8. Good Manufacturing Practices and Sanitation

There are federal regulations called Good Manufacturing Procedures (GMPs) that define specific procedures meant to minimize the contamination of food products by those in manufacturing, processing, packaging, and warehousing facilities. GMPs are an integral part of quality control- this is where QWerks could do the most good for your company.

It is the responsibility of food business management and ownership to ensure that GMPs are carried out by employees. Along with GMPs, a regular cleaning and sanitizing program is essential to preventing contamination.

9. Warehousing

Warehousing involves three activities: receiving, storage and shipping.


Some basic guidelines for incoming shipments are:

  1. The storage space should clean and consistent with the first-in-first-out (FIFO) or first-expiring-first-out (FEFO) rotation principle.
  2. Before unloading materials, inspect the condition of the trailer. If it doesn’t meet standards, reject the load.
  3. Collect random samples from the shipment to analyze or evaluate the samples to make sure they meet specifications.
  4. After unloading, inspect the condition of the trailer and materials.
  5. If the shipment does not meet specifications, be prepared to reject all or part of the load.


If the product isn’t stored properly, it can impact the quality of the product. The product should be stored in an orderly manner under the proper conditions necessary to maintain quality.


Shipping is the last step in which food businesses have direct control over product quality. Ship items on a FIFO/FEFO basis and use the same guidelines in shipping that were set up in receiving.

10. Laboratory Analysis

Laboratory analysis is the part of the quality control program that is implemented after the product is produced. The samples that will be tested in this phase should be random and pulled out regularly for every batch. For some analyses, very simple methods are used in the laboratory, while other methods are more complicated and require specialized equipment.

All laboratory analyses should be performed in a room away from the processing area. If there is not space for a separate area, there are other ways to obtain laboratory analysis results from outside, independent labs or from a combination of in-house and independent testing.

A qualified individual should conduct all analyses and report the results to ensure they are in line with quality control standards. All test results should be recorded and compared to the product specifications and standards. Failure to meet these standards should be communicated so that additional action can be taken if necessary.

11. Recall Plan

Even the best-laid plans often go awry, and it’s important to be prepared for the worst-case scenario. A product recall is when a company has to bring back product from the distribution system. Whether the product recall was the result of voluntary action by a business firm or involuntary action due to Food and Drug Administrative (FDA) action, an unorganized recall process could ruin a business’ public image.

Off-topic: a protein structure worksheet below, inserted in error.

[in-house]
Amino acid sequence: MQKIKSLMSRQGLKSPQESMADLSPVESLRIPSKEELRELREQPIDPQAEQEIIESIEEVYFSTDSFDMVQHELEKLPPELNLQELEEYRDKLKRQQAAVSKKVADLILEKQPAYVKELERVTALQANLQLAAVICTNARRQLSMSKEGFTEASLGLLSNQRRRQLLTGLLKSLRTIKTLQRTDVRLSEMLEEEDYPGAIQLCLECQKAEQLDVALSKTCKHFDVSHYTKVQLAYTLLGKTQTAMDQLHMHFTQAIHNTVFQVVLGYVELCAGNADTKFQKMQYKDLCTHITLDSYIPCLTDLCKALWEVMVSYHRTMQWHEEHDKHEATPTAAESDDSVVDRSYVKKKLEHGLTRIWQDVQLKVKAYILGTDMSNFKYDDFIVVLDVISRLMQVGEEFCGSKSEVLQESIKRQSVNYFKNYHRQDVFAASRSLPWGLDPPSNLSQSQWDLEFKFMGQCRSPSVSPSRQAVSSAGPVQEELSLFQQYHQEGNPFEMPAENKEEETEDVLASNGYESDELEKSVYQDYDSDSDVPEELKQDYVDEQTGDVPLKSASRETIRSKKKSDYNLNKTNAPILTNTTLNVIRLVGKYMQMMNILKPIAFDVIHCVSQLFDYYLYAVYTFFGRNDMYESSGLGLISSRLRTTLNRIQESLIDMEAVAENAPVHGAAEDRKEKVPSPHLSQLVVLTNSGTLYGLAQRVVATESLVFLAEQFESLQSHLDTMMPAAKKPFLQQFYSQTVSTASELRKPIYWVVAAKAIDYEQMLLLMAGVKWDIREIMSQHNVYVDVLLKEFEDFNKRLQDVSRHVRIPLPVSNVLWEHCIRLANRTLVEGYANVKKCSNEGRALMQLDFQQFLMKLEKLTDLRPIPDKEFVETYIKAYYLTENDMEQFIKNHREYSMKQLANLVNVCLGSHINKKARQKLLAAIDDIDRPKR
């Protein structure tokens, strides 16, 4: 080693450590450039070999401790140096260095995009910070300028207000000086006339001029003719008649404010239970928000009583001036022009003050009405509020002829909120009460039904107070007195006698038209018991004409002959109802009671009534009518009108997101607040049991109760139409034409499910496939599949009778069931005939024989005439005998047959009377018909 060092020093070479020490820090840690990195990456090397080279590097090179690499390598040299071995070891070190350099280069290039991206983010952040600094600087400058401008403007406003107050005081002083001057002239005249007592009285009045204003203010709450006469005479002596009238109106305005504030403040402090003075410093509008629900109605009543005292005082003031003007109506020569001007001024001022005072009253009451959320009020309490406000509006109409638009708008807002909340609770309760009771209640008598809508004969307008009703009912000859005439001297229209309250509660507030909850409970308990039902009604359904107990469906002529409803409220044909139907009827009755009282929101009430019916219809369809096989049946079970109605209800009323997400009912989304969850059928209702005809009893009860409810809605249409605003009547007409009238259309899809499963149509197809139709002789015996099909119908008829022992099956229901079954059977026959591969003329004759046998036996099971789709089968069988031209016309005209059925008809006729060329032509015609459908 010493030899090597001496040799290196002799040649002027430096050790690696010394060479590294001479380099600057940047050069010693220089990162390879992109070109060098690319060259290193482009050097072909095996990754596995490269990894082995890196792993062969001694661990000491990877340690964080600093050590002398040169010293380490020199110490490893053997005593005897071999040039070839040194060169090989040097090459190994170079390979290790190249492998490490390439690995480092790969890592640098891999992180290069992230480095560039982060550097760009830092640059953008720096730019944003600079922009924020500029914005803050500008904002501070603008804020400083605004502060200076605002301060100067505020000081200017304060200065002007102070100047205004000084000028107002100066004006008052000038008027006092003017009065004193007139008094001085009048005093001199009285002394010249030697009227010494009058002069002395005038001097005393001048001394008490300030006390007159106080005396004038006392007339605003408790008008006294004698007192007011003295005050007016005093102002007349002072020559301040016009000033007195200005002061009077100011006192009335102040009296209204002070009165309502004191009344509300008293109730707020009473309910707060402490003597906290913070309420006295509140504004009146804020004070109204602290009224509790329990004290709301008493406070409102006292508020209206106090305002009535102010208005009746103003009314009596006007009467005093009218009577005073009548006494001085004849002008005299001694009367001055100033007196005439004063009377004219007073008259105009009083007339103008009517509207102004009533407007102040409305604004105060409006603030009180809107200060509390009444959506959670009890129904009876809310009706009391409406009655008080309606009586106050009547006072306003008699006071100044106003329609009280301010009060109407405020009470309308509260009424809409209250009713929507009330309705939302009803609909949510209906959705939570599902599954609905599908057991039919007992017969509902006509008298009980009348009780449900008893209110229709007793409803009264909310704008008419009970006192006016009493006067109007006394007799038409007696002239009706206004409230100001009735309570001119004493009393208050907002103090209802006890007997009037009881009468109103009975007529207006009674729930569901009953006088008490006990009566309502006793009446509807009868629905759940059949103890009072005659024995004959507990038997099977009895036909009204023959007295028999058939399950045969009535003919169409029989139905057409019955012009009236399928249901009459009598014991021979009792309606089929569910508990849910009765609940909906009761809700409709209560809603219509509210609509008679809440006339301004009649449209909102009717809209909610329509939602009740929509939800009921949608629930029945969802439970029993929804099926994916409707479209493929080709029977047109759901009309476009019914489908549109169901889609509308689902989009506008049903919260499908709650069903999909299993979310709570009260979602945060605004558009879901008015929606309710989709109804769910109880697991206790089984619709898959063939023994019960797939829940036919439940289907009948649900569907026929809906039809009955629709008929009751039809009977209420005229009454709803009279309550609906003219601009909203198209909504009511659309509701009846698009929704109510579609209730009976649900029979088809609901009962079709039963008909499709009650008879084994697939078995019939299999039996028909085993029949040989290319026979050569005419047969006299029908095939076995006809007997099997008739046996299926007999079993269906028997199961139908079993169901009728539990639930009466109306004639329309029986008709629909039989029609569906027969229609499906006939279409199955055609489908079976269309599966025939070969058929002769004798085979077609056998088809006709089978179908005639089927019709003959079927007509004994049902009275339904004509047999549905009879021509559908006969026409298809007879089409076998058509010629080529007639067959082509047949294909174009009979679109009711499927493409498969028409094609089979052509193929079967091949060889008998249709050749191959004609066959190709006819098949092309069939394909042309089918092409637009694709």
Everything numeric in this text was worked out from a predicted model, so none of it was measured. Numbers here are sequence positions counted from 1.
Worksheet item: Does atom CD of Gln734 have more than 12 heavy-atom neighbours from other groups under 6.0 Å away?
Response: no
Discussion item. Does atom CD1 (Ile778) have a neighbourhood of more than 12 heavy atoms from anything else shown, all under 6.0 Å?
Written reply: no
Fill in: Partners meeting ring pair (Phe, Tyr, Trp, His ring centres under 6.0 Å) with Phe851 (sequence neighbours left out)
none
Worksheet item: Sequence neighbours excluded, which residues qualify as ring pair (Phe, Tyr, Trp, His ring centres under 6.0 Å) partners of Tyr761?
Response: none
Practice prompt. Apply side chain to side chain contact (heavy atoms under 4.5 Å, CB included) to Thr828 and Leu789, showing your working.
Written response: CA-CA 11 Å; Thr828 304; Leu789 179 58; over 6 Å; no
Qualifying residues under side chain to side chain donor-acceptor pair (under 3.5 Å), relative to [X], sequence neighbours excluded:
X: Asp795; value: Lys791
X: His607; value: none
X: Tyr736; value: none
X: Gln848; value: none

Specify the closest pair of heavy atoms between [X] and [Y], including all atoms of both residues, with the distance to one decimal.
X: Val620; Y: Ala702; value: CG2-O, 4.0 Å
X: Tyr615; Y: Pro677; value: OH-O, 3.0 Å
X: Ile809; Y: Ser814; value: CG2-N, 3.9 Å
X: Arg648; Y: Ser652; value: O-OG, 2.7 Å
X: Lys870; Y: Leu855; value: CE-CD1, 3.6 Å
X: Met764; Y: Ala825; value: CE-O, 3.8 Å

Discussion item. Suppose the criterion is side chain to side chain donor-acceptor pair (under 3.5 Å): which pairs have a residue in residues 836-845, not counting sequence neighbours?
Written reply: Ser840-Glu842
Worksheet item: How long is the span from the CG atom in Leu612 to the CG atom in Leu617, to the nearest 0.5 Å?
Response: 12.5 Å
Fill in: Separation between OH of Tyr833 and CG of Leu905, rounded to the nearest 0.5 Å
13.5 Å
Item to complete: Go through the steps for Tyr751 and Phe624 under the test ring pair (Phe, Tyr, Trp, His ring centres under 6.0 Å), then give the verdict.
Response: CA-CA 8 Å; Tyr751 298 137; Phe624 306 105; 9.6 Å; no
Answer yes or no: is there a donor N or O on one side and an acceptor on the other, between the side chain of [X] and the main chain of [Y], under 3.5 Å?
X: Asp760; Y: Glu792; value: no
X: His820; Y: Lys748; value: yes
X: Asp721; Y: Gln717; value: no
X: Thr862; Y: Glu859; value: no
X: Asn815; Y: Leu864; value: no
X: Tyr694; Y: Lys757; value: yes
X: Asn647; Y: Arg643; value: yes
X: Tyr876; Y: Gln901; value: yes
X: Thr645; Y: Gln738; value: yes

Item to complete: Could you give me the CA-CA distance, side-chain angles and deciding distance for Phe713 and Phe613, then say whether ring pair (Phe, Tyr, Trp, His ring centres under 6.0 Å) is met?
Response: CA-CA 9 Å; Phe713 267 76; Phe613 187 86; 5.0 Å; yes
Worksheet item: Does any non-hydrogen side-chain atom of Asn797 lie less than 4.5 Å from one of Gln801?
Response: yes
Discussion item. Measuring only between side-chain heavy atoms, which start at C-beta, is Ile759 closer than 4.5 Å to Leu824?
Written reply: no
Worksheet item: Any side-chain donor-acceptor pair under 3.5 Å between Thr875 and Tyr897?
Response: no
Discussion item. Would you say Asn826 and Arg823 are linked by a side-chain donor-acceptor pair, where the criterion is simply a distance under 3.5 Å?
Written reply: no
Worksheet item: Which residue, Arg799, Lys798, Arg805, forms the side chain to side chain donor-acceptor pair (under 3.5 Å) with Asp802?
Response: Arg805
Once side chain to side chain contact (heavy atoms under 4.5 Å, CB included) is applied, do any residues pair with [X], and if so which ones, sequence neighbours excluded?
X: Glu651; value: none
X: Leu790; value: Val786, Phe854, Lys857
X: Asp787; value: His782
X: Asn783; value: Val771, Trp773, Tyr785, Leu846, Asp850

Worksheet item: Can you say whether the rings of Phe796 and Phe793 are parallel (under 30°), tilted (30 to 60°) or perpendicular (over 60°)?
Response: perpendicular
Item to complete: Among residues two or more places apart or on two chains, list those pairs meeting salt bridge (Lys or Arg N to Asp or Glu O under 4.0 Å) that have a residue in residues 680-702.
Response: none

There are three classification as best described by the FDA for a recall:

  1. A Class I product recall is the most urgent type of recall that the FDA will issue. In a FDA Class I Recall, there is significant and immediate danger of death or other serious injury from the use of the product being recalled.
  2. A Class II product recall is an intermediate threat level recall. A Class II recall is issued where there is no immediate danger of death or other serious injury linked to the product, but the risk of death or a serious injury is still present.
  3. A Class III product recall is the least serious type of recall. A Class II recall is typically issued when there is no immediate or perceived danger of any health issues, but items have been released that are in violation of FDA regulations.
  4. All recall plans should be developed and communicated to appropriate individuals within the firm before any crises arise. All plans should at minimum include:
  5. A product coding system that is simple, yet broad enough to minimize financial loss.
  6. A record keeping system to identify and associate specific products, product codes, carriers, destinations, personnel and their assigned responsibilities for a recall.
  7. A strong communication system within the company.
  8. Established procedures for evaluating and correcting the situation.

Remember, a recall program is an insurance policy and will not prevent the adverse situation from occurring. Food quality is an expectation from consumers.

All the food quality control procedures discussed in this article are designed to keep the quality of products consistent, reliable, and safe for consumers. And while there is a lot to organize, keep track of, and report, there is a tool out there that can make it all a little easier. This is where QWerks comes to the rescue to not only help in the day-to-day operations, but help simplify the process. Find out how QWerks can help your business today.